The diagnosis of the political scientist joins that of the independent candidate Karina Nohales, of the feminist collective 8M. For her, as Chileans still live with the restrictions imposed due to Covid, it is possible to feel the deterioration of the economy more, with a lack of work for the informal sector and a shortage of food in some areas. “These concerns become more important than the impetus of the Constituent Assembly,” he said. “If we are no longer taking to the streets as before, it is because conditions have deteriorated, so the priority is no longer politics, but daily bread.”
The dismay over the vote overshadows yet another important novelty: for the first time, regional governors will be elected – Chile is not a federal republic and, therefore, decisions are made from Santiago. “It’s a shame,” Bendersky laments, “because it is an achievement after years of debate”. “Now we will have regional decisions, regional policies, which has not happened before and which gives more legitimacy to policies, in addition to allowing the emergence of more regional leaders and more plurality.”
Another important aspect, this time in constitutional elections, is the fact that the representation is equal. There will be an equal number of men and women. There will also be 17 positions in the assembly for indigenous ethnic groups, which represent 12.8% of the population, one of the largest in Latin America: 7 will be Mapuche, 2 Aymaras and 1 for other indigenous peoples. that make up the country.
For Nohales, the change pleases feminists. “Of course, having a joint assembly does not mean a reformist assembly. There will also be conservative women. Therefore, issues such as reproductive rights will be more difficult to discuss, even if we are willing to submit an abortion bill. . But there are also cross-cutting issues, such as equal pay, the fight against domestic violence, which must move forward because these are not issues of the right or the left. “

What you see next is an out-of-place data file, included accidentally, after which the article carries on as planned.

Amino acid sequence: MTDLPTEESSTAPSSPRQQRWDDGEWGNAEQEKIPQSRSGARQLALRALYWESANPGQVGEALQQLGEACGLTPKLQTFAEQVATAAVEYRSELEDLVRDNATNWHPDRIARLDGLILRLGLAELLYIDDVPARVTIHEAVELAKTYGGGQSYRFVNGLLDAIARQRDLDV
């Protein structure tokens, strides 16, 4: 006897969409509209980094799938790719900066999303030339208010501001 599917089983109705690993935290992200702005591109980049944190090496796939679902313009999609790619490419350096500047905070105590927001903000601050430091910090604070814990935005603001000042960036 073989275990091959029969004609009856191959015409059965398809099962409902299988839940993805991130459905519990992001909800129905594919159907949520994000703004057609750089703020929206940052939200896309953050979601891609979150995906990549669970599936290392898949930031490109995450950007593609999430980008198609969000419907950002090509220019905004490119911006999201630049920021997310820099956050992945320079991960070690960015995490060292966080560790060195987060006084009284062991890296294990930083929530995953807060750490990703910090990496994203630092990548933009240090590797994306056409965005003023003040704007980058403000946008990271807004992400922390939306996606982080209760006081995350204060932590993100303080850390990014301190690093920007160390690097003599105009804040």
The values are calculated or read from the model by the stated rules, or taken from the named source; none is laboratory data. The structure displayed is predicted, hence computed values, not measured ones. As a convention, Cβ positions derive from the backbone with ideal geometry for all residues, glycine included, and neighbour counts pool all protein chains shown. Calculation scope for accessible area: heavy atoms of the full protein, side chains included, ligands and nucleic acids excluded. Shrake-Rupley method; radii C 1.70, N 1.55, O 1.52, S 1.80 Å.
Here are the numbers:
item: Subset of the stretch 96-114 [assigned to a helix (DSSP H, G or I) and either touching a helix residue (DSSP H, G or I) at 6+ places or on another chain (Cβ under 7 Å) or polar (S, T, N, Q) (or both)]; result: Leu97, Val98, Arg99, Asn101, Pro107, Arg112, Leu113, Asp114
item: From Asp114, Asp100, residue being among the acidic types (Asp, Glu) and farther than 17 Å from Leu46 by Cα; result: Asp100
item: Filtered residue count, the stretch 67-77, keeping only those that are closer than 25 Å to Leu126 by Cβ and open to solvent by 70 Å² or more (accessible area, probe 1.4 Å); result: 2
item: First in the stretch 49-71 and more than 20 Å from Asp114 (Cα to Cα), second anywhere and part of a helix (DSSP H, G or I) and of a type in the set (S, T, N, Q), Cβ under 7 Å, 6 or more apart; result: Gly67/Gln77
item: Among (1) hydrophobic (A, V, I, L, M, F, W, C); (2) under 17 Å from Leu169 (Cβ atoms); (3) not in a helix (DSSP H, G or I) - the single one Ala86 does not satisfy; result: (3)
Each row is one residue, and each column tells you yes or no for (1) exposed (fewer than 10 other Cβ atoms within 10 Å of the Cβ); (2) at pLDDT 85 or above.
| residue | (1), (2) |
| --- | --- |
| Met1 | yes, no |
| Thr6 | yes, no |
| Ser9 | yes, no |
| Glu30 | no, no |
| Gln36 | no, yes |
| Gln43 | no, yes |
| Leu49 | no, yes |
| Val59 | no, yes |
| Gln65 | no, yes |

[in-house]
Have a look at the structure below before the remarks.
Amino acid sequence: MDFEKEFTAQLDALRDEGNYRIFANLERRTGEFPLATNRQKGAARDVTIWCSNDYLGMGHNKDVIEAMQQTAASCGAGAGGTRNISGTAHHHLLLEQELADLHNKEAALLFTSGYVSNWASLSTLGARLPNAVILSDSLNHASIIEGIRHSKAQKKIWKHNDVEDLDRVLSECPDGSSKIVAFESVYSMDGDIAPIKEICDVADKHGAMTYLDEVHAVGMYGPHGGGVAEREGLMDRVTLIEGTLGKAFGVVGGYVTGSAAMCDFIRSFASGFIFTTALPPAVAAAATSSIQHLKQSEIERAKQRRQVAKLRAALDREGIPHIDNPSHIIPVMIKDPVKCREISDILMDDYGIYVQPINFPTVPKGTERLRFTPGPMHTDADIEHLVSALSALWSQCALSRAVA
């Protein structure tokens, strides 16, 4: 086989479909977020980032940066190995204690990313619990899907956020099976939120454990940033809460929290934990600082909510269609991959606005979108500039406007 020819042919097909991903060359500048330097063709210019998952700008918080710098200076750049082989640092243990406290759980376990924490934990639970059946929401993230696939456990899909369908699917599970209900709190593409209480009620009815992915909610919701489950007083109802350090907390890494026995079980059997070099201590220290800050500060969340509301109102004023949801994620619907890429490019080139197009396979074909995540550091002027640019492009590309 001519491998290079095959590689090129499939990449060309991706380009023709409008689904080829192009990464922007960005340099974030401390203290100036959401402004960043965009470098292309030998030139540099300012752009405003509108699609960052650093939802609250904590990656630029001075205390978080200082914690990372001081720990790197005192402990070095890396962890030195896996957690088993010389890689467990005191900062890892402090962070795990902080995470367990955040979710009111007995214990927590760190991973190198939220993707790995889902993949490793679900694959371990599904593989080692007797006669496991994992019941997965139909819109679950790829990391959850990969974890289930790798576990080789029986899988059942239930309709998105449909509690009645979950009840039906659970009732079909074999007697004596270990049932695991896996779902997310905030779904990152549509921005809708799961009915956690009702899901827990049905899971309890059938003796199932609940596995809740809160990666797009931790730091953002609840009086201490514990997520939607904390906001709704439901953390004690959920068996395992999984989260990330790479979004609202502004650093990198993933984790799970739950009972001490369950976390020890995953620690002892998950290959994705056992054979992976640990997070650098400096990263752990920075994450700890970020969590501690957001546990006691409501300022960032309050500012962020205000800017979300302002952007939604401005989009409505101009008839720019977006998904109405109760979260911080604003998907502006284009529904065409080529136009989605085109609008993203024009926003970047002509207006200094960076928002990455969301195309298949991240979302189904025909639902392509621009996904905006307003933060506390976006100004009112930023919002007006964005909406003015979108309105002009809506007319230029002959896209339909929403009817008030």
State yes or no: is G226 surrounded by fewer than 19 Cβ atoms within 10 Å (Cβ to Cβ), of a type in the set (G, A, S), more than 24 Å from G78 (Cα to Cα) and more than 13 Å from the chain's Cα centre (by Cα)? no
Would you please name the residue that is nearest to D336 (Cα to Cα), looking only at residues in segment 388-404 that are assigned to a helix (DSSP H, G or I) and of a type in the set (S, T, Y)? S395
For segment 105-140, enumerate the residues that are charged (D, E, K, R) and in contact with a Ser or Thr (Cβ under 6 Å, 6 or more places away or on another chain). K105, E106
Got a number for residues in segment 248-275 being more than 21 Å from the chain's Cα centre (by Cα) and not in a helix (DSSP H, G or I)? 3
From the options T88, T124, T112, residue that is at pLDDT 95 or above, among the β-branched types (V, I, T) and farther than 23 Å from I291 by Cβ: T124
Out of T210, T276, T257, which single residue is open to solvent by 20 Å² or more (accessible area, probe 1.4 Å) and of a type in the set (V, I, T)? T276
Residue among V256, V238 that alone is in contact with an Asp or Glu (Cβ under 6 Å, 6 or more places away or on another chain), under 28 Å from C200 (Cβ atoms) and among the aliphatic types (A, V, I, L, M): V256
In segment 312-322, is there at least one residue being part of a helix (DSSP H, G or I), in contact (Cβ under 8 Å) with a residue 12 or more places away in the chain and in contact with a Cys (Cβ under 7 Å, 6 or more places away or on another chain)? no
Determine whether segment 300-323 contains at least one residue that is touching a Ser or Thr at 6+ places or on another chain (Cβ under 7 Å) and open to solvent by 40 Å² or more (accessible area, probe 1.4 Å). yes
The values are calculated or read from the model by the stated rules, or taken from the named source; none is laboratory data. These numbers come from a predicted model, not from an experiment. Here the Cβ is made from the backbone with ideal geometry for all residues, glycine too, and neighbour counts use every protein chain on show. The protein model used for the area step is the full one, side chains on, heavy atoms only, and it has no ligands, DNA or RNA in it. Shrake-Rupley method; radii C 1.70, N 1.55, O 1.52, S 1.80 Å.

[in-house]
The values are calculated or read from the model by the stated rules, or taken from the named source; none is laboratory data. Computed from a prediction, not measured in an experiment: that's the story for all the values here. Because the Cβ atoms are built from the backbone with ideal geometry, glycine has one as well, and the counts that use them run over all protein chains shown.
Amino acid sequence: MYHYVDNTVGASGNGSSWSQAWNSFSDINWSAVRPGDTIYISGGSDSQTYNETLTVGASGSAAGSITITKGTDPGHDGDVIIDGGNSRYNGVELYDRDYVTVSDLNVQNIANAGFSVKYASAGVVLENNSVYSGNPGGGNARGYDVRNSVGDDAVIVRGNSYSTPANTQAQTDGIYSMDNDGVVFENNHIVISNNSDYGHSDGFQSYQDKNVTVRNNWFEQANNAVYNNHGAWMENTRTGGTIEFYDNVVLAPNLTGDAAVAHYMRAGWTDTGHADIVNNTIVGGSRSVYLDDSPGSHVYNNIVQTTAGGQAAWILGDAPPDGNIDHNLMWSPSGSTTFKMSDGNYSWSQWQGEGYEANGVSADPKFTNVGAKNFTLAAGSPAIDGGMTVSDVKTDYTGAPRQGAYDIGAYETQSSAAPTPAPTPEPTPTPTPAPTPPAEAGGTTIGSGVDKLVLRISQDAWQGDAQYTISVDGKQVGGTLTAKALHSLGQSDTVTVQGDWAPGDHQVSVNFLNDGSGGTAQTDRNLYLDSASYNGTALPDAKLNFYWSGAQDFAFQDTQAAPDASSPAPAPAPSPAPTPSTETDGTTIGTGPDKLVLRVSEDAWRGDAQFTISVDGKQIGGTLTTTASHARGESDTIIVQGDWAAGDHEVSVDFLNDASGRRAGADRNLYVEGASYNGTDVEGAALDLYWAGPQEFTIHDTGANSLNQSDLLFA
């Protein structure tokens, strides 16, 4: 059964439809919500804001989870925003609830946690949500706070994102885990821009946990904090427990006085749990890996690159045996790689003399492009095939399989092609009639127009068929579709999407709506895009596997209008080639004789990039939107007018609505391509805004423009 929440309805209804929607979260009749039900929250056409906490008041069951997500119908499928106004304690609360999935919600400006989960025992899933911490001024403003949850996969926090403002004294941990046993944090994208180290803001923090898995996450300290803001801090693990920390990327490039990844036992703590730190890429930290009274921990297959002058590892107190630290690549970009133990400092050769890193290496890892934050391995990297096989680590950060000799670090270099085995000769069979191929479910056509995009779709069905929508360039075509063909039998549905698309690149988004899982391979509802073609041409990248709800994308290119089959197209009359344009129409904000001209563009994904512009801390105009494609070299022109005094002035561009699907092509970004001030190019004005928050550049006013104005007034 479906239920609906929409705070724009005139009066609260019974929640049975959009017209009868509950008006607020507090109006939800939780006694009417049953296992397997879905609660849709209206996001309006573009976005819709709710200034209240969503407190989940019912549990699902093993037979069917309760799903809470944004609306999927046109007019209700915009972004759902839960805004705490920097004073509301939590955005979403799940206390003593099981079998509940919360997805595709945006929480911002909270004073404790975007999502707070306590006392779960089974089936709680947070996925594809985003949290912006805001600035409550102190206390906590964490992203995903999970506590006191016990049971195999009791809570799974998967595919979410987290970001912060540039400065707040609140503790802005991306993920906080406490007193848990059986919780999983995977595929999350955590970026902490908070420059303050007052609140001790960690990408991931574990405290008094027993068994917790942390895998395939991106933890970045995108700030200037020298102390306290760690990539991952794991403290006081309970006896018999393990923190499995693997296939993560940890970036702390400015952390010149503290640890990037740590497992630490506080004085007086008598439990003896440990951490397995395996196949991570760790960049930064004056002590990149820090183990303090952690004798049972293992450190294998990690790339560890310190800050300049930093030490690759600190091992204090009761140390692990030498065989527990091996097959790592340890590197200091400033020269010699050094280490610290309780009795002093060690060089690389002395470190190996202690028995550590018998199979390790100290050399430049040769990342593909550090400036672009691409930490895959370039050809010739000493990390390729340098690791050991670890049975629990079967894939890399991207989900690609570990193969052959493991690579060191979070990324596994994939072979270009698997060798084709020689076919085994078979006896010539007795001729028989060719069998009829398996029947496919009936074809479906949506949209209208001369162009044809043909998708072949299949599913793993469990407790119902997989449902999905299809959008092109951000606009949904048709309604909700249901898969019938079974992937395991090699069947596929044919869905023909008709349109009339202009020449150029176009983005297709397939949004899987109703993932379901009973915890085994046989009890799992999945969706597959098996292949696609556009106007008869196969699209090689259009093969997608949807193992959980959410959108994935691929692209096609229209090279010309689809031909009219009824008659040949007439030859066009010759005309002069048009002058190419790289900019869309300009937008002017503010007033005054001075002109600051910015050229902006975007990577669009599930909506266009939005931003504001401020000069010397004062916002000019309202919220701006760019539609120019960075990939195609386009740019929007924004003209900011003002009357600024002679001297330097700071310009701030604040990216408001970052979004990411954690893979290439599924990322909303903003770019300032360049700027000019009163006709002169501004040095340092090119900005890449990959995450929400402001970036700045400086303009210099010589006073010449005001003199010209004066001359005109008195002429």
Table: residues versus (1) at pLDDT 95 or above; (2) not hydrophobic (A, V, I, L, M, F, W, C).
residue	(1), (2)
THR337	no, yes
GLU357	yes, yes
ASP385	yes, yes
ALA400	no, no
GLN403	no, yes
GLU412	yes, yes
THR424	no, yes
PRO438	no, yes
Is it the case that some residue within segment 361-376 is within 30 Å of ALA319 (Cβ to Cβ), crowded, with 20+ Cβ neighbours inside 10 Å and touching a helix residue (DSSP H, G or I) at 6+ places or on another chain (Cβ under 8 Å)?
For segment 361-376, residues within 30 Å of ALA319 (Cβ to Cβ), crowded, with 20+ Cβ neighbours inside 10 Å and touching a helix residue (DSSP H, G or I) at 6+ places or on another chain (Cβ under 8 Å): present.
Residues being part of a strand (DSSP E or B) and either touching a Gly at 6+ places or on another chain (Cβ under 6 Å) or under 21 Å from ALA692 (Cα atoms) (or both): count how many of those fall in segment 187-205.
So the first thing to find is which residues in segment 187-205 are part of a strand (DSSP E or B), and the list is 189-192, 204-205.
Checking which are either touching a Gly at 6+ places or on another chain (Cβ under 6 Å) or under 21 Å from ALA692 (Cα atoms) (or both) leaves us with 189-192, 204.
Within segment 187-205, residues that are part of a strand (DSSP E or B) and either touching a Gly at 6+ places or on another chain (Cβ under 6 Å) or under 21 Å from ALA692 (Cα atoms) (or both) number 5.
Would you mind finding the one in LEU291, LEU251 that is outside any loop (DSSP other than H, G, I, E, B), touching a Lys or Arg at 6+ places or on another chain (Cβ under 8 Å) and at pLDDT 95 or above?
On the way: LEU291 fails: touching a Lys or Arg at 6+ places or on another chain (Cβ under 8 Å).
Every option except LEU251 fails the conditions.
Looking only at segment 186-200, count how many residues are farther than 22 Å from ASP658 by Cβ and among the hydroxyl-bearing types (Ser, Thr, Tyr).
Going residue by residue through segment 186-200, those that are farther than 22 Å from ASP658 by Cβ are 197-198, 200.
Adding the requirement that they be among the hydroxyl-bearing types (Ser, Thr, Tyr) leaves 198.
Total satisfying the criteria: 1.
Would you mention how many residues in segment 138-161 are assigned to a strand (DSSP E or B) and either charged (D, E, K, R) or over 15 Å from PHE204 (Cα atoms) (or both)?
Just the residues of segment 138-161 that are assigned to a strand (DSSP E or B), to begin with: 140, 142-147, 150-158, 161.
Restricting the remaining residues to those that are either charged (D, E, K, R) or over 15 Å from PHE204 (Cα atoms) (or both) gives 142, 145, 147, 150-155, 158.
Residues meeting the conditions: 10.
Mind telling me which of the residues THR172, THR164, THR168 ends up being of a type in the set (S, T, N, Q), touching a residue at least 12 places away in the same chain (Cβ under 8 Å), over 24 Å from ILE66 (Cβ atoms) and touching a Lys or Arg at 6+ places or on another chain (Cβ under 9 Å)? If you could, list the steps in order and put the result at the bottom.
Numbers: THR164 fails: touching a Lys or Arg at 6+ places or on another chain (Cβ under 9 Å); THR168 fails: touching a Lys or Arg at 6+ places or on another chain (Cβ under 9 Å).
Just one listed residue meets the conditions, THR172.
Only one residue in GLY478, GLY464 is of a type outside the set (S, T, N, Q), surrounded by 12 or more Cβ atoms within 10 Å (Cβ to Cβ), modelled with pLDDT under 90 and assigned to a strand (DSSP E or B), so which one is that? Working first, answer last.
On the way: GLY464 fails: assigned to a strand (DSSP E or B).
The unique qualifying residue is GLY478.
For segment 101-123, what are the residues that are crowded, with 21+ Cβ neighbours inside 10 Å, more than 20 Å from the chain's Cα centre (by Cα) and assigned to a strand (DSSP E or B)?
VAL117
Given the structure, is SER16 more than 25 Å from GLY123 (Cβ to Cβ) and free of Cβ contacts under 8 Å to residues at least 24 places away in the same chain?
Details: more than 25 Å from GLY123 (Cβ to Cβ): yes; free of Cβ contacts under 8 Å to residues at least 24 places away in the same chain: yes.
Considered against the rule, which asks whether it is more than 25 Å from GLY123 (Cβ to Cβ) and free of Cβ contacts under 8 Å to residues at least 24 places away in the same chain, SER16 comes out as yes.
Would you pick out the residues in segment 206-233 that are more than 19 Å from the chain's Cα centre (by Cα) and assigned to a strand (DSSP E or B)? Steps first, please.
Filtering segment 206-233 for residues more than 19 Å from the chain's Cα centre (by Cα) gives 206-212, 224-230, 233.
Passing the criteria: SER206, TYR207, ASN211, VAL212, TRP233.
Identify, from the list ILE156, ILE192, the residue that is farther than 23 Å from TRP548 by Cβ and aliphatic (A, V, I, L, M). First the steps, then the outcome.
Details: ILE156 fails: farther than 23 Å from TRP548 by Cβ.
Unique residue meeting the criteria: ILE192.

Aymara candidate for one of the indigenous quota vacancies, Catalina Cortes says she defends the demands of those who took to the streets in 2019, such as social justice and access to health and education, but wants these problems to be also solved on the basis of the way in which indigenous peoples see them in the world, which, she explains, is linked to Sumak Kawsay, set of principles of “good living”. This point of view has already been incorporated in the constitutions of Bolivia and Ecuador in their most recent versions.
Another indigenous group that also arrives with a busy agenda are the Mapuche, more present in the south of Chile and who are divided between those who seek autonomy in their regions and those who want total independence vis-à-vis the country. State, or even getting involved in acts of violence. “Our challenge is to ensure that this quota is not only symbolic, but that it means the inclusion of our rights in the Charter,” said Mapuche leader Adan Romero Cheuquepil, also a candidate. “We want a plurinational state, the recognition of our culture, of our way of educating ourselves and of organizing ourselves. The seats in the Assembly must be more than a symbolic gesture of political marketing.”
Approval of agendas will be difficult, however, as the proposals will have to be accepted by two-thirds of the constituents, who will serve for two years. After this period, the new drafted letter will be put to a vote in a plebiscite. It is only after a possible popular seal that the Constitution of the dictatorship of Augusto Pinochet will be withdrawn.